The project also aims to explore the ways that trust is built between anonymous participants in a commercial transaction for possibly illegal goods. Perhaps most surprisingly, not one of the 12 deals the robot has made has ended in a scam.

“The markets copied procedures from Amazon and eBay – their rating and feedback system is so interesting,” adds Smojlo. “With such simple tools you can gain trust. The service level was impressive – we had 12 items and everything arrived.”

“There has been no scam, no rip-off, nothing,” says Weiskopff. “One guy could not deliver a handbag the bot ordered, but he then returned the bitcoins to us.”

The exhibition scheduled from Oct. 18, 2014 – Jan. 11, 2015 enjoyed an uninterrupted run but there were concerns in the UK (from the Power article),

A spokesman for the National Crime Agency, which incorporates the National Cyber Crime Unit, was less philosophical, acknowledging that the question of criminal culpability in the case of a randomised software agent making a purchase of an illegal drug was “very unusual”.

“If the purchase is made in Switzerland, then it’s of course potentially subject to Swiss law, on which we couldn’t comment,” said the NCA. “In the UK, it’s obviously illegal to purchase a prohibited drug (such as ecstasy), but any criminal liability would need to assessed on a case-by-case basis.”

Masnick describes the followup,

Apparently, that [case-by[case] assessment has concluded in this case, because right after the exhibit closed in Switzerland, law enforcement showed up to seize stuff …

!Mediengruppe Bitnik  issued a Jan. 15, 2015 press release (Note: Links have been removed),

«Can a robot, or a piece of software, be jailed if it commits a crime? Where does legal culpability lie if code is criminal by design or default? What if a robot buys drugs, weapons, or hacking equipment and has them sent to you, and police intercept the package?» These are some of the questions Mike Power asked when he reviewed the work «Random Darknet Shopper» in The Guardian. The work was part of the exhibition «The Darknet – From Memes to Onionland. An Exploration» in the Kunst Halle St. Gallen, which closed on Sunday, January 11, 2015. For the duration of the exhibition, !Mediengruppe Bitnik sent a software bot on a shopping spree in the Deepweb. Random Darknet Shopper had a budget of $100 in Bitcoins weekly, which it spent on a randomly chosen item from the deepweb shop Agora. The work and the exhibition received wide attention from the public and the press. The exhibition was well-attended and was discussed in a wide range of local and international press from Saiten to Vice, Arte, Libération, CNN, Forbes. «There’s just one problem», The Washington Post wrote in January about the work, «recently, it bought 10 ecstasy pills».

What does it mean for a society, when there are robots which act autonomously? Who is liable, when a robot breaks the law on its own initiative? These were some of the main questions the work Random Darknet Shopper posed. Global questions, which will now be negotiated locally.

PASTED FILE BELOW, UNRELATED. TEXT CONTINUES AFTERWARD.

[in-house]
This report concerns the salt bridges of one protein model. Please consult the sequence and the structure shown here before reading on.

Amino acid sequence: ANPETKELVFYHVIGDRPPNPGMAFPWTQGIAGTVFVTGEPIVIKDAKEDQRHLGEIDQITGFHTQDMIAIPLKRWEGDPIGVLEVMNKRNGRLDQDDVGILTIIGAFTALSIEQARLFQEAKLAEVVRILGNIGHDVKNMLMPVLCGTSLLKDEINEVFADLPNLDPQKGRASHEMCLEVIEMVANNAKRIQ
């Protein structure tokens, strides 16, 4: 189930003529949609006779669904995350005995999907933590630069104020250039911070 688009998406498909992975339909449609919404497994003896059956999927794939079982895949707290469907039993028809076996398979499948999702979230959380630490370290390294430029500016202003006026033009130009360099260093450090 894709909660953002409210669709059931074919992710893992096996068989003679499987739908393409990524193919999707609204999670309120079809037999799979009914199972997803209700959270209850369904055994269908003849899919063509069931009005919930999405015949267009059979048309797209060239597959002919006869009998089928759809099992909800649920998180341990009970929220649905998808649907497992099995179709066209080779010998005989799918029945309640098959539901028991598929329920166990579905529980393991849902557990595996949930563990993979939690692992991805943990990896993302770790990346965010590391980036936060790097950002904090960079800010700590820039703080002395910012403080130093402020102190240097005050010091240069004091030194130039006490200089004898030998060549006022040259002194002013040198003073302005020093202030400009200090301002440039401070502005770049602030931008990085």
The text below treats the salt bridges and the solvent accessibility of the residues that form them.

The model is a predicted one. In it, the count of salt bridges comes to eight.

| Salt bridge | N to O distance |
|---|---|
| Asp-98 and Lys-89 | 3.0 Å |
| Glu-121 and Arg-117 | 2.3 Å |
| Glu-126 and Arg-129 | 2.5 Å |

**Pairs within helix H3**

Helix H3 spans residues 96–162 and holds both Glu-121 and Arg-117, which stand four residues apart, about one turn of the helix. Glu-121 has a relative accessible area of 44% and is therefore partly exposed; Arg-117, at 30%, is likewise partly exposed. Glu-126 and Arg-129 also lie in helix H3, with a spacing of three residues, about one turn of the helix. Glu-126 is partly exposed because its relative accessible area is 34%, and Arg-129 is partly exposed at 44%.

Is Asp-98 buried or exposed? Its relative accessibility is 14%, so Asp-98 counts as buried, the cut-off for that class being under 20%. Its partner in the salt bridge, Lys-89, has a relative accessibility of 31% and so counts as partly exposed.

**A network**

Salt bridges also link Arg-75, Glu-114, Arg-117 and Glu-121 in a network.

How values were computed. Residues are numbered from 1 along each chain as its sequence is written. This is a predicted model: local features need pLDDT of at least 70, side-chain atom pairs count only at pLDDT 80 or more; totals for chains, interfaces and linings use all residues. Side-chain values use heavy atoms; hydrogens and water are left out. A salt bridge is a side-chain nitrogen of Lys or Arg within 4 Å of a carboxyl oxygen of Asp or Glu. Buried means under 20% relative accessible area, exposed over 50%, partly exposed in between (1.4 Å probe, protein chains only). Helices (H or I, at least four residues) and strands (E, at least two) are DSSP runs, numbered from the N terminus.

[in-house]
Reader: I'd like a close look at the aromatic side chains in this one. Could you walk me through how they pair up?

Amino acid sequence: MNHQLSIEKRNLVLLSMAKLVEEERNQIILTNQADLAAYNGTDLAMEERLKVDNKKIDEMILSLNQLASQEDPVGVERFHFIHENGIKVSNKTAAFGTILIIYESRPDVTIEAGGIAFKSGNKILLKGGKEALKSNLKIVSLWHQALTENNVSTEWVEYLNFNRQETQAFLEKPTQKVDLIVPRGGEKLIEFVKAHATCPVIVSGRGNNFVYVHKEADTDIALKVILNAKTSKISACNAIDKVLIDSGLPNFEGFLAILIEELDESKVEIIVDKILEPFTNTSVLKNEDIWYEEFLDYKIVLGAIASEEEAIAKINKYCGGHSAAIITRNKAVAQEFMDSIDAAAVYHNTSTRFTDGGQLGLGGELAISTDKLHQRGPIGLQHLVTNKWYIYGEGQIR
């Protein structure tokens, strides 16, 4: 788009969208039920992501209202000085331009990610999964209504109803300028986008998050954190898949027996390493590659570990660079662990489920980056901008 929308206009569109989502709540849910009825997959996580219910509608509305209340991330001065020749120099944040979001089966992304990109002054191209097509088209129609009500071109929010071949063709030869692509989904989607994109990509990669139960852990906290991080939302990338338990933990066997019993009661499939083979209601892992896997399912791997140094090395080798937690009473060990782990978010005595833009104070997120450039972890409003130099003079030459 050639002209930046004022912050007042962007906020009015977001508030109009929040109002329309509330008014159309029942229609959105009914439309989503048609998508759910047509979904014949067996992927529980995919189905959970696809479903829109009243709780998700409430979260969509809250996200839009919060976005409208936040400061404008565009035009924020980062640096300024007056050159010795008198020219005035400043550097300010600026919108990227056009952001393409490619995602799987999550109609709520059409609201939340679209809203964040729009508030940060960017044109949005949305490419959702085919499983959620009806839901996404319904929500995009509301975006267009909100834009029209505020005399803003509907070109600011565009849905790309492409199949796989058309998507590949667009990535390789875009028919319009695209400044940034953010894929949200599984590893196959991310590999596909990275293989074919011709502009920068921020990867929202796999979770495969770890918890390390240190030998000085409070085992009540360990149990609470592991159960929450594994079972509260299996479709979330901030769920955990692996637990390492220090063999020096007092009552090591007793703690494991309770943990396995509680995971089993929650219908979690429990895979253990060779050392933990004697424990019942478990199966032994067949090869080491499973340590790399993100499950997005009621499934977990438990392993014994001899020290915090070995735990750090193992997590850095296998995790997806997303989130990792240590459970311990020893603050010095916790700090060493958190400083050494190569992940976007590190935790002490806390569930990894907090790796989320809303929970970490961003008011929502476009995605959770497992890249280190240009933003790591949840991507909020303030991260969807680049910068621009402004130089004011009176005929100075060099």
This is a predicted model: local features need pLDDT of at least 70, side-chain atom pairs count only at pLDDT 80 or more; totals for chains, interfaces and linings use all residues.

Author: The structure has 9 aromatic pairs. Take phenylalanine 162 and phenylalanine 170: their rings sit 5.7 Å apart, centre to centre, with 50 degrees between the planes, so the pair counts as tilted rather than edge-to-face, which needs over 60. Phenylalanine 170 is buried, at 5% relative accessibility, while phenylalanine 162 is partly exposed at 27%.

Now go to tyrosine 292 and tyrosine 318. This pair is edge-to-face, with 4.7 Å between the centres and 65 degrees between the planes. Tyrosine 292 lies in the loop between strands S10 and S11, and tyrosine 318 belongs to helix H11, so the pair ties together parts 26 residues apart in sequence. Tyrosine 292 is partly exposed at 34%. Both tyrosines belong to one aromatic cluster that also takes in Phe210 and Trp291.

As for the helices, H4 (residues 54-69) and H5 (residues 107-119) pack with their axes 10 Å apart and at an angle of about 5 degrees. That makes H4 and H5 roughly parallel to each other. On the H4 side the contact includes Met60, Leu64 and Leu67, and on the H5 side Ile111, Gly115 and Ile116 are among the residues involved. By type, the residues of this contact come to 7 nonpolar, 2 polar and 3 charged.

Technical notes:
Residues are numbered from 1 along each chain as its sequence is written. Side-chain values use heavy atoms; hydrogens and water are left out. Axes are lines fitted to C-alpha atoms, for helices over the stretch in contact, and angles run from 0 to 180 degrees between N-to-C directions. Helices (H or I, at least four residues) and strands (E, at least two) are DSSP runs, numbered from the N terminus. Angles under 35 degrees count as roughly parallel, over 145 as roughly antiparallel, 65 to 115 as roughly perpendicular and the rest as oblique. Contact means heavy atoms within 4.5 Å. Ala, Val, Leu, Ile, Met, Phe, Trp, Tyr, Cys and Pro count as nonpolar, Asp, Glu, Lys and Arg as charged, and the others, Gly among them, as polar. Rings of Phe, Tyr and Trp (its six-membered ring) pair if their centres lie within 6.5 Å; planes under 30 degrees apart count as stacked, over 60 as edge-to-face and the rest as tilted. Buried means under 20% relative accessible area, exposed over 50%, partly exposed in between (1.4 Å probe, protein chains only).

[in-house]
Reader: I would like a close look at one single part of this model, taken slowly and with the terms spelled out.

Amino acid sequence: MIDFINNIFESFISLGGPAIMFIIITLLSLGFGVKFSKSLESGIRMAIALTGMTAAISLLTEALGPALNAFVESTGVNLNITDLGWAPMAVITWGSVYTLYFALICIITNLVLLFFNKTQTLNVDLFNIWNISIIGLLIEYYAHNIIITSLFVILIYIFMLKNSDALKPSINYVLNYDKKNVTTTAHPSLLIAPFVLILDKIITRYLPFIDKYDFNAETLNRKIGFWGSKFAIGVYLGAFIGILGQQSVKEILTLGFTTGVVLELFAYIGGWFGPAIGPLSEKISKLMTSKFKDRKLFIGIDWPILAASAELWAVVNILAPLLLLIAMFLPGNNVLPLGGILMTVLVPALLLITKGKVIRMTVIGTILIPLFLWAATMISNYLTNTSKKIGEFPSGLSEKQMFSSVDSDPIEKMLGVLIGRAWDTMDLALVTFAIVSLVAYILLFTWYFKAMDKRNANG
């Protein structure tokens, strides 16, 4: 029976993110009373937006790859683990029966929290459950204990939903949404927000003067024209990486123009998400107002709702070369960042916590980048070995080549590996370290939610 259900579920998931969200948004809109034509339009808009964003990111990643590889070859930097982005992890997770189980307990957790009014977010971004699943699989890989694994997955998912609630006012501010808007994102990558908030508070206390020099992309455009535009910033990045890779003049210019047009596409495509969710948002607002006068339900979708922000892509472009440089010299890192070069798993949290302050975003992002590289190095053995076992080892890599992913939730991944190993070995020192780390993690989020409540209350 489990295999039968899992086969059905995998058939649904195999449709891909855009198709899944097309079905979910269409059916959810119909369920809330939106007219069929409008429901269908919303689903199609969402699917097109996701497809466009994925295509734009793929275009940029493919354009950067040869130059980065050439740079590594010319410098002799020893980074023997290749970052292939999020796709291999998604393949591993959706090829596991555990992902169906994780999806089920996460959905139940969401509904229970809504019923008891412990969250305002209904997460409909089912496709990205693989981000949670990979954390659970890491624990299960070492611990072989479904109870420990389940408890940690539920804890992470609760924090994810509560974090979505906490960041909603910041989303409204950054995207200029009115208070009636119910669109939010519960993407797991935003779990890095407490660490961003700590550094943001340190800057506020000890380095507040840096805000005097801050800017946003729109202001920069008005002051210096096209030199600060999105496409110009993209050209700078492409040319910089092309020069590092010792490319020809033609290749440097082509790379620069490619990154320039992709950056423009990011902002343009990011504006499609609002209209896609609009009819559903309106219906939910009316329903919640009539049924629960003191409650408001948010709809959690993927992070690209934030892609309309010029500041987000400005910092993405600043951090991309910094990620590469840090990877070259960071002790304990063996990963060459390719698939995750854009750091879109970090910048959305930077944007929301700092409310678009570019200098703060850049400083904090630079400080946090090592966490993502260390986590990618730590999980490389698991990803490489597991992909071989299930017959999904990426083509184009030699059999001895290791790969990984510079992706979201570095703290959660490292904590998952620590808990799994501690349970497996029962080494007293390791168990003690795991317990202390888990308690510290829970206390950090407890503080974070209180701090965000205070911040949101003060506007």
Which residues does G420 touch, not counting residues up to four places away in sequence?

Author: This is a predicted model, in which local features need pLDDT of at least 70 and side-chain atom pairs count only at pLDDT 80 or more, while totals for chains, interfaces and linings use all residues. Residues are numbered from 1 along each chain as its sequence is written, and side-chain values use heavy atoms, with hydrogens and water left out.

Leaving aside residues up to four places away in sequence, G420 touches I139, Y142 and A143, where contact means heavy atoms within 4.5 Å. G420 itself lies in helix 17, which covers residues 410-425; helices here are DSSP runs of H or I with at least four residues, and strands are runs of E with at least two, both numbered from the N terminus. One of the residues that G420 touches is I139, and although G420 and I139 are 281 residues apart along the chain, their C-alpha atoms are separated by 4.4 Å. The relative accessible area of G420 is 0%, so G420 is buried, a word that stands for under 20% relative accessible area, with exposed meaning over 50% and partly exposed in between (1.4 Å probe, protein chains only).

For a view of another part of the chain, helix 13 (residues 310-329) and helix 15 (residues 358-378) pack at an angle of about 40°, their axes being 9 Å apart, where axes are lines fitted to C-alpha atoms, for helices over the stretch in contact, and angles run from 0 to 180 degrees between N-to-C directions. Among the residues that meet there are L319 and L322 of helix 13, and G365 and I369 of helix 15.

On the morning of January 12, the day after the three-month exhibition was closed, the public prosecutor’s office of St. Gallen seized and sealed our work. It seems, the purpose of the confiscation is to impede an endangerment of third parties through the drugs exhibited by destroying them. This is what we know at present. We believe that the confiscation is an unjustified intervention into freedom of art. We’d also like to thank Kunst Halle St. Gallen for their ongoing support and the wonderful collaboration. Furthermore, we are convinced, that it is an objective of art to shed light on the fringes of society and to pose fundamental contemporary questions.

This project brings to mind Isaac Asimov’s three laws of robotics and a question (from the Wikipedia entry; Note: Links have been removed),

The Three Laws of Robotics (often shortened to The Three Laws or Three Laws, also known as Asimov’s Laws) are a set of rules devised by the science fiction author Isaac Asimov. The rules were introduced in his 1942 short story “Runaround”, although they had been foreshadowed in a few earlier stories. The Three Laws are:

A robot may not injure a human being or, through inaction, allow a human being to come to harm.
A robot must obey the orders given it by human beings, except where such orders would conflict with the First Law.
A robot must protect its own existence as long as such protection does not conflict with the First or Second Law.

Here’s my question, how do you programme a robot to know what would injure a human being? For example, if a human ingests an ecstasy pill the bot purchased, would that be covered in the first law?

Getting back to the robot ethics talk I recently attended, it was given by Ajung Moon (Ph.D. student at the University of British Columbia [Vancouver, Canada] studying Human-Robot Interaction and Roboethics. Mechatronics engineer with a sprinkle of Philosophy background). She has a blog,  Roboethic info DataBase where you can read more on robots and ethics.

I strongly recommend reading both Masnick’s post (he positions this action in a larger context) and Power’s article (more details and images from the exhibit).

Canada’s federal scientists bargain for the right to present scientific results without government interference

I believe this latest bargaining round (h/t Dec. 3, 2014 news item on phys.org) between the Canadian federal government (Treasury Board) and the Professional Institute of the Public Service of Canada (PIPSC; a multi-disciplinary professional union representing 60,000 members employed by the Canadian federal government) is extraordinary. To my knowledge, no other union in this country has ever bargained for the right to present information without political interference or, more briefly, integrity. (Should you know otherwise, please let me know.)

Kathryn May in a Dec. 2, 2014 article for the Ottawa Citizen seems to have broken the news,

The Professional Institute of the Public Service of Canada, which represents more than 15,000 scientists, researchers and engineers, is tabling a negotiating position for managing science in the “public interest” with a list of demands for Treasury Board negotiators that dramatically push the boundaries of traditional collective bargaining in the public service.